Dinner time is my Vietnam

Every night I feed my kids dinner.  I try to make things that they enjoy.  I don’t try to feed them liver and onions, haggis or peas.  I make nuggets, mac & cheese, pizza, chicken, fish, burgers, tater tots, rice, noodles, tacos, etc.  All kid favorites.  However, it never fails that by the end of what is usually an hour long struggle, I feel like I have just emerged from the heart of an asian conflict in the jungle.

Here is a script of a normal dinner:

6:00  Mom starts making dinner.  This night it is salmon, rice and green beans (it’s green beans almost every night since it is the one veggie both boys like).

6:30 “Dinner Time!!  Go wash your hands and go potty before dinner.”

6:35  Kids sit down to dinner and start eating.  Mom helps feed little one and supervises oldest’s progress.  Both kids enjoy the food and begin eating it willingly.  Mom & kids talk about the day.

6:45  Because oldest is talking so much, he has not been eating very much.  First time Mom has to say “take a bite” to the oldest.  This will not be the last time tonight.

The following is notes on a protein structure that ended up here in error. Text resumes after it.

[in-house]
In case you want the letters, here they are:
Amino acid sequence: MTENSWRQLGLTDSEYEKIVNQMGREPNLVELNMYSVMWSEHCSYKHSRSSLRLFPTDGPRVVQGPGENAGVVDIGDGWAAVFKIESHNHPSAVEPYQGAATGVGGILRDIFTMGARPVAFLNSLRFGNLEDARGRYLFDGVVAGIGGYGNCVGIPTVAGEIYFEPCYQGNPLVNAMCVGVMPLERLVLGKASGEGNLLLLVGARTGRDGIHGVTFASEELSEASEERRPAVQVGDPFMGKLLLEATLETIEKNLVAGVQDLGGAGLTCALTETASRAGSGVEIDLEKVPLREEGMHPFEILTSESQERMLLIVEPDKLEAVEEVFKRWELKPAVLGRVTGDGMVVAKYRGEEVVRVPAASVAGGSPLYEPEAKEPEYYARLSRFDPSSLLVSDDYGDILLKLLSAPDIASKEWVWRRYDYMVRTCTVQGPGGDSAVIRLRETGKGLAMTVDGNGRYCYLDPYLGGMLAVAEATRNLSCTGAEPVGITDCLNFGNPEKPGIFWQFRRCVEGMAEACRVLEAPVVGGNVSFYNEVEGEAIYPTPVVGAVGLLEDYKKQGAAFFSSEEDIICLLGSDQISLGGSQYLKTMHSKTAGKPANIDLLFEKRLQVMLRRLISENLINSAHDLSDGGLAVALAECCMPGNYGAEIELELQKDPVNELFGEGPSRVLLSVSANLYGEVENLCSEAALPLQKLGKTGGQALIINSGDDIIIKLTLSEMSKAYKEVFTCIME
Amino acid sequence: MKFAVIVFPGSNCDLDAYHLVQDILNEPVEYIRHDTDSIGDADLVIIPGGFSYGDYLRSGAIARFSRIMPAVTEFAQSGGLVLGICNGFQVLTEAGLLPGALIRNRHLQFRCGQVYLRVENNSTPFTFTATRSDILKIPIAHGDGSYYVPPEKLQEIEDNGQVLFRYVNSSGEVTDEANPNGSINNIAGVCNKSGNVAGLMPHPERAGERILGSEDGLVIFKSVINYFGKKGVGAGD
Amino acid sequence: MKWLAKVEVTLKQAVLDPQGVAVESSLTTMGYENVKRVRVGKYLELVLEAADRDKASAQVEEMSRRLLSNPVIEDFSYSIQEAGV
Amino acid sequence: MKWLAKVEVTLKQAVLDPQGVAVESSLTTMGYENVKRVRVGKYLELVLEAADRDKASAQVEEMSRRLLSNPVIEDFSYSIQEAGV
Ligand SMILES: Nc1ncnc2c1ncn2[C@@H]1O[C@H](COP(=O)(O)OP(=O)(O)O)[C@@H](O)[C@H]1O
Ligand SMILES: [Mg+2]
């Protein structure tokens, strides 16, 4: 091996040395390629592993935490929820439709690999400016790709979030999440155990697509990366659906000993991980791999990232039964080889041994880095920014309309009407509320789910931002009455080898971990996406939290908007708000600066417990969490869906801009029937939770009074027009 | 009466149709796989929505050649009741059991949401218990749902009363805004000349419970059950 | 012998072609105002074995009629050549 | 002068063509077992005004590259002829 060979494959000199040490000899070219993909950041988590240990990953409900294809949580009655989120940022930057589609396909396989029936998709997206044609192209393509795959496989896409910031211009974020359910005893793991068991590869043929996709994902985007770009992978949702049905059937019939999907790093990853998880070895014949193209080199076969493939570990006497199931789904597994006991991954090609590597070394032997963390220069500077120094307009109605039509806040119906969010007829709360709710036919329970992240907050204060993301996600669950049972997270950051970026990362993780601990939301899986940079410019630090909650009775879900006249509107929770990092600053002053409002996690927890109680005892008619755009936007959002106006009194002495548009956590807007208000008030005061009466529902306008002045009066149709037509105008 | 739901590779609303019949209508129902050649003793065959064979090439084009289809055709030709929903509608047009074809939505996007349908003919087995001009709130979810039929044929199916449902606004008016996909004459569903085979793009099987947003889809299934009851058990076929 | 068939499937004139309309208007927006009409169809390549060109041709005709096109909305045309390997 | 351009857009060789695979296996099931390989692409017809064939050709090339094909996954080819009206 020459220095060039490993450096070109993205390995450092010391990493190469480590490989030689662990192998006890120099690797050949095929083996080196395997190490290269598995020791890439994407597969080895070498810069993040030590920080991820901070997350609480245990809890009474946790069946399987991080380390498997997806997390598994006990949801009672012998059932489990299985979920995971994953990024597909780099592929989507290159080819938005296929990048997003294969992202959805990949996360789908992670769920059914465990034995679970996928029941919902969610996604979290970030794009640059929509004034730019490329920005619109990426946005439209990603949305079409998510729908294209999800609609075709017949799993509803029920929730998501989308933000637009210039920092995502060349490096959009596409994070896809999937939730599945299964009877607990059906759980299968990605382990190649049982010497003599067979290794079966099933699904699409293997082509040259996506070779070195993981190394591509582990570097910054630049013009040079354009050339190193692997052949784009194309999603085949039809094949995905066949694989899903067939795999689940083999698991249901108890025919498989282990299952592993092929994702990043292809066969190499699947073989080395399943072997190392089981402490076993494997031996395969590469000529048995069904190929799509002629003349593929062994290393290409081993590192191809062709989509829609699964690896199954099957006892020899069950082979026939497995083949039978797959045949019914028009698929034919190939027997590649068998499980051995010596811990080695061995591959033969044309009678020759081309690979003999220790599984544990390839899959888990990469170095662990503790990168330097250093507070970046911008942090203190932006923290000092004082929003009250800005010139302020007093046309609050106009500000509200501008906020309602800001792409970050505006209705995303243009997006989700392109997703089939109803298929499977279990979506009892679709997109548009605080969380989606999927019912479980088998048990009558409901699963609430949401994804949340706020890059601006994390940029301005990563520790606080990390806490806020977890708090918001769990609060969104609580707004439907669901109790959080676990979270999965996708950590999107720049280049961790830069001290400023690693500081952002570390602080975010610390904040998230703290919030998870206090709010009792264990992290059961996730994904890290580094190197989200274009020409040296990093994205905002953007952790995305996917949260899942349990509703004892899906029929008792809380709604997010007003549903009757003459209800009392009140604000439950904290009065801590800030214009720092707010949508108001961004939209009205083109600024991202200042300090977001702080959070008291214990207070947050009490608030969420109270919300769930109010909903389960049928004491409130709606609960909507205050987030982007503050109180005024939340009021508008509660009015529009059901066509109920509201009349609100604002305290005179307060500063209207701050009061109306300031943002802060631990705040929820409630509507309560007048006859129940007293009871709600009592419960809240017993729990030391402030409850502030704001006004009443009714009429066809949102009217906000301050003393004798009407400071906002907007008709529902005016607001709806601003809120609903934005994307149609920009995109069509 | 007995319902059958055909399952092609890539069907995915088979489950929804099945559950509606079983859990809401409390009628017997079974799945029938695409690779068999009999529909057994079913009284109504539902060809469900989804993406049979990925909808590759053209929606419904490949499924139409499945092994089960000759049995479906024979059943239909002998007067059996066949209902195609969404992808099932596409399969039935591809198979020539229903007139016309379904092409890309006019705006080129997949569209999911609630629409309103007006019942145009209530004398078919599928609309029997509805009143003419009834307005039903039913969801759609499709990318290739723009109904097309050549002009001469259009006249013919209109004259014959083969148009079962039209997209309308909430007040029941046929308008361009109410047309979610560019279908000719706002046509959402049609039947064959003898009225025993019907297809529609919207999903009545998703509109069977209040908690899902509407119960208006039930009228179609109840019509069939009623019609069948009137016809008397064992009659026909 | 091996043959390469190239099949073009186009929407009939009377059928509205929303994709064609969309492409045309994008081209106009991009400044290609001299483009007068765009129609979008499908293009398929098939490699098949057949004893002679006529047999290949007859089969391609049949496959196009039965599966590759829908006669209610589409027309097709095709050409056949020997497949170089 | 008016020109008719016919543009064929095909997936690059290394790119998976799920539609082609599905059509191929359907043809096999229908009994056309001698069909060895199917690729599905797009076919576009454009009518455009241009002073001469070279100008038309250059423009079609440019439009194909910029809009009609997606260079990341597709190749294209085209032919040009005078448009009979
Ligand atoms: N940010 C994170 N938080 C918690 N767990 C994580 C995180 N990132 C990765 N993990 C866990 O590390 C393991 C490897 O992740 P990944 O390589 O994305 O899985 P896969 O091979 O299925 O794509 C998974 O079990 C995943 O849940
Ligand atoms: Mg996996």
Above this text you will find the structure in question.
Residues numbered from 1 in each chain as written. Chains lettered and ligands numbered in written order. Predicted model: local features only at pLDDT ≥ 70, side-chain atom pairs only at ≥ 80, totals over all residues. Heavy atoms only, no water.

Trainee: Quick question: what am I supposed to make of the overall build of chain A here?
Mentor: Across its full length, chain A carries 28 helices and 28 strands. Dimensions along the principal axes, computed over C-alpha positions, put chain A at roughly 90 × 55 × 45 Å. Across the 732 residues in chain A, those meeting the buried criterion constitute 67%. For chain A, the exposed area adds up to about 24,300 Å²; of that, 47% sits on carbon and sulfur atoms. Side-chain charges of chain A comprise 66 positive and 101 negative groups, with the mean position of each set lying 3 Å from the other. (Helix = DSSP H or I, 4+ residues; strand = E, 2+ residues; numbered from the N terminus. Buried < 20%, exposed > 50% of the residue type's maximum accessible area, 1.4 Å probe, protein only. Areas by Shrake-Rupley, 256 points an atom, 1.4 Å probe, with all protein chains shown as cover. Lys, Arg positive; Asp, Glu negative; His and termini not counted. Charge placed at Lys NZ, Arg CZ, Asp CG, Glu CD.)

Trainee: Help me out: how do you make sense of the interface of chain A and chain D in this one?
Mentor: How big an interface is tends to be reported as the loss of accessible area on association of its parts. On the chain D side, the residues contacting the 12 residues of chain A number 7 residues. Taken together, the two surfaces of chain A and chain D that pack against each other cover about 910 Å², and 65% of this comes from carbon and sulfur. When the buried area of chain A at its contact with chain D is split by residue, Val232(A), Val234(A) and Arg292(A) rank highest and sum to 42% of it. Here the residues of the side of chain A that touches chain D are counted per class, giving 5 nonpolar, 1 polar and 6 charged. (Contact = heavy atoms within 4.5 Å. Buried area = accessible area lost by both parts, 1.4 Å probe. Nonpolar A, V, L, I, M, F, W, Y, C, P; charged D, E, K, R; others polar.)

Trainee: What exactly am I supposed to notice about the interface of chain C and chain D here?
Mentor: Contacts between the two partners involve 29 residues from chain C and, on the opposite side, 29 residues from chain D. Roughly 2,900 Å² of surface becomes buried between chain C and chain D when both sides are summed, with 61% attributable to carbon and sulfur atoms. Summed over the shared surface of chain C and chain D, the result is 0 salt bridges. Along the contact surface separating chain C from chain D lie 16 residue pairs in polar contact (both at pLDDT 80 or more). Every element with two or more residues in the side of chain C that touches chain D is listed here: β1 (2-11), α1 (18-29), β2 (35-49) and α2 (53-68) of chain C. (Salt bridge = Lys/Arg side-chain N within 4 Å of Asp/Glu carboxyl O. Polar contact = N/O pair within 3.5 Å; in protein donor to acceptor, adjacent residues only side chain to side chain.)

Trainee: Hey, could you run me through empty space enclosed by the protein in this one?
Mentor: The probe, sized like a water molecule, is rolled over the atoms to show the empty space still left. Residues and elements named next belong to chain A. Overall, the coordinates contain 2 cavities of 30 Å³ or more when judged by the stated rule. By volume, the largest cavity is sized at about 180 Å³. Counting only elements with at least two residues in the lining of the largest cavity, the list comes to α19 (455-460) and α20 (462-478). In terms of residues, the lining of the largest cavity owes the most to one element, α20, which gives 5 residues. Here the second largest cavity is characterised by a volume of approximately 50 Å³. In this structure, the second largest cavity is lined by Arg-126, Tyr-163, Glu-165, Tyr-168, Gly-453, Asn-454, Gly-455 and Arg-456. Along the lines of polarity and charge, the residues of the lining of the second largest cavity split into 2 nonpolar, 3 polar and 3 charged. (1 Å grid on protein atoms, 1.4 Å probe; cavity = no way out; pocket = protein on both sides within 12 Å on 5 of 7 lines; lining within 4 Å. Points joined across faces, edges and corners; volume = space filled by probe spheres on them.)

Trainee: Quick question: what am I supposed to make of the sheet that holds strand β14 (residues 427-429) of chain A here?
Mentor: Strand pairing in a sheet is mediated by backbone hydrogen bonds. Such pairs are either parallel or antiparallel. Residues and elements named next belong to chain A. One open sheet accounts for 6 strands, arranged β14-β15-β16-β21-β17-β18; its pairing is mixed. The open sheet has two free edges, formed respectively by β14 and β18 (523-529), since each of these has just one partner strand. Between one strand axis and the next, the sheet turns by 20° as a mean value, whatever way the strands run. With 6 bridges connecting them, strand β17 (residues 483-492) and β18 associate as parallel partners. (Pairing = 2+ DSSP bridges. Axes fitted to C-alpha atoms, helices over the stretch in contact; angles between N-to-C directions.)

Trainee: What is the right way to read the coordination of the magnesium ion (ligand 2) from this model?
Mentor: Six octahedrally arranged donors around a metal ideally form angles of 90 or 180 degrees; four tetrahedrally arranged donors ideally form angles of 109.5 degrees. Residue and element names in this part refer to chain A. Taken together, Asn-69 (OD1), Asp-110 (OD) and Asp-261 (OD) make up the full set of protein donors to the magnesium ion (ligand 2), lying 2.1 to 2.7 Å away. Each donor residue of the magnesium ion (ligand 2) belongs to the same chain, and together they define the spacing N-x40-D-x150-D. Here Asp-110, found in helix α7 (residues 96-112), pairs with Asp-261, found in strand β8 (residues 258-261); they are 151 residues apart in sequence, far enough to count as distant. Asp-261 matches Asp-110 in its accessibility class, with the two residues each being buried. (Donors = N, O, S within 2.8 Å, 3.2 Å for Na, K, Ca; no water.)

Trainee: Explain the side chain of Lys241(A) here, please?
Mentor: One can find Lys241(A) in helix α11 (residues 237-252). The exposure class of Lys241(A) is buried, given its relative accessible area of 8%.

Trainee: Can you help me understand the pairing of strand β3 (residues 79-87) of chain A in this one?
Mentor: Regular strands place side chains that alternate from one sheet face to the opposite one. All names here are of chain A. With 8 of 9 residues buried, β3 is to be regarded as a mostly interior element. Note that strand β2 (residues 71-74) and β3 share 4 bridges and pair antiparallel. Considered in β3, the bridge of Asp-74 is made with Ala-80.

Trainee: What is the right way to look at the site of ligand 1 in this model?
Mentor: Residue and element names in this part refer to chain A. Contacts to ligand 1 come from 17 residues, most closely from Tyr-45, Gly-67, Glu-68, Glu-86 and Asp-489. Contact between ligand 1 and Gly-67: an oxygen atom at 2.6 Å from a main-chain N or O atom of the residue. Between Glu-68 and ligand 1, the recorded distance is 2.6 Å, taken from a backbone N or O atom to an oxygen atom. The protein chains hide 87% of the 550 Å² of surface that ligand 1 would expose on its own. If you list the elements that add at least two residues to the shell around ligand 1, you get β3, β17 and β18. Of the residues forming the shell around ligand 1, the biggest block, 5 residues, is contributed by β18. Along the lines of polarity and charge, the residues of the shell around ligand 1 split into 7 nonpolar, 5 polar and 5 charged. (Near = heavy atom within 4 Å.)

6:55  Eating slows down as their little bellies start getting a bit fuller.  Mom has had to say “take a bite” about 5 times by now.

7:00  Mom starts to get a little frustrated that kids have been sitting at the table a full half hour and not even half of their food is gone.  Kids have started singing and making faces at each other to make each other laugh.  There is lots of giggling.  However, very little eating is happening at this point.  Once again “take a bite” is said to oldest.  Also, “no singing at the table.”  (please note that they are usually singing Lady Gaga, Miley Cyrus or Ke$ha.  There is only so much Mom can handle).

7:10  Mom realizes that since the little one’s bedtime is 7:30, there is very little chance he will finish his dinner with enough time to play.  Mom tells little one this.  Words have no effect.  Mom tells oldest to stop singing and being crazy and take a bite!  Mom tells little one to turn around and put his bottom in the seat, stop playing with his milk, lean over when he takes a bite . . . then picks up rice from his lap.

7:15  Mom actually says this to oldest “we do not play with our feet during dinner, put your feet down and stop picking at your toes” . . . followed immediately by this “and we definitely don’t then pick up our green beans with our feety fingers and put them in our mouth!!”  At this point the “take a bite” count is well over 50.  Mom tells youngest that napkins are not hats and to swallow the bite he has had in his mouth for 5 whole minutes.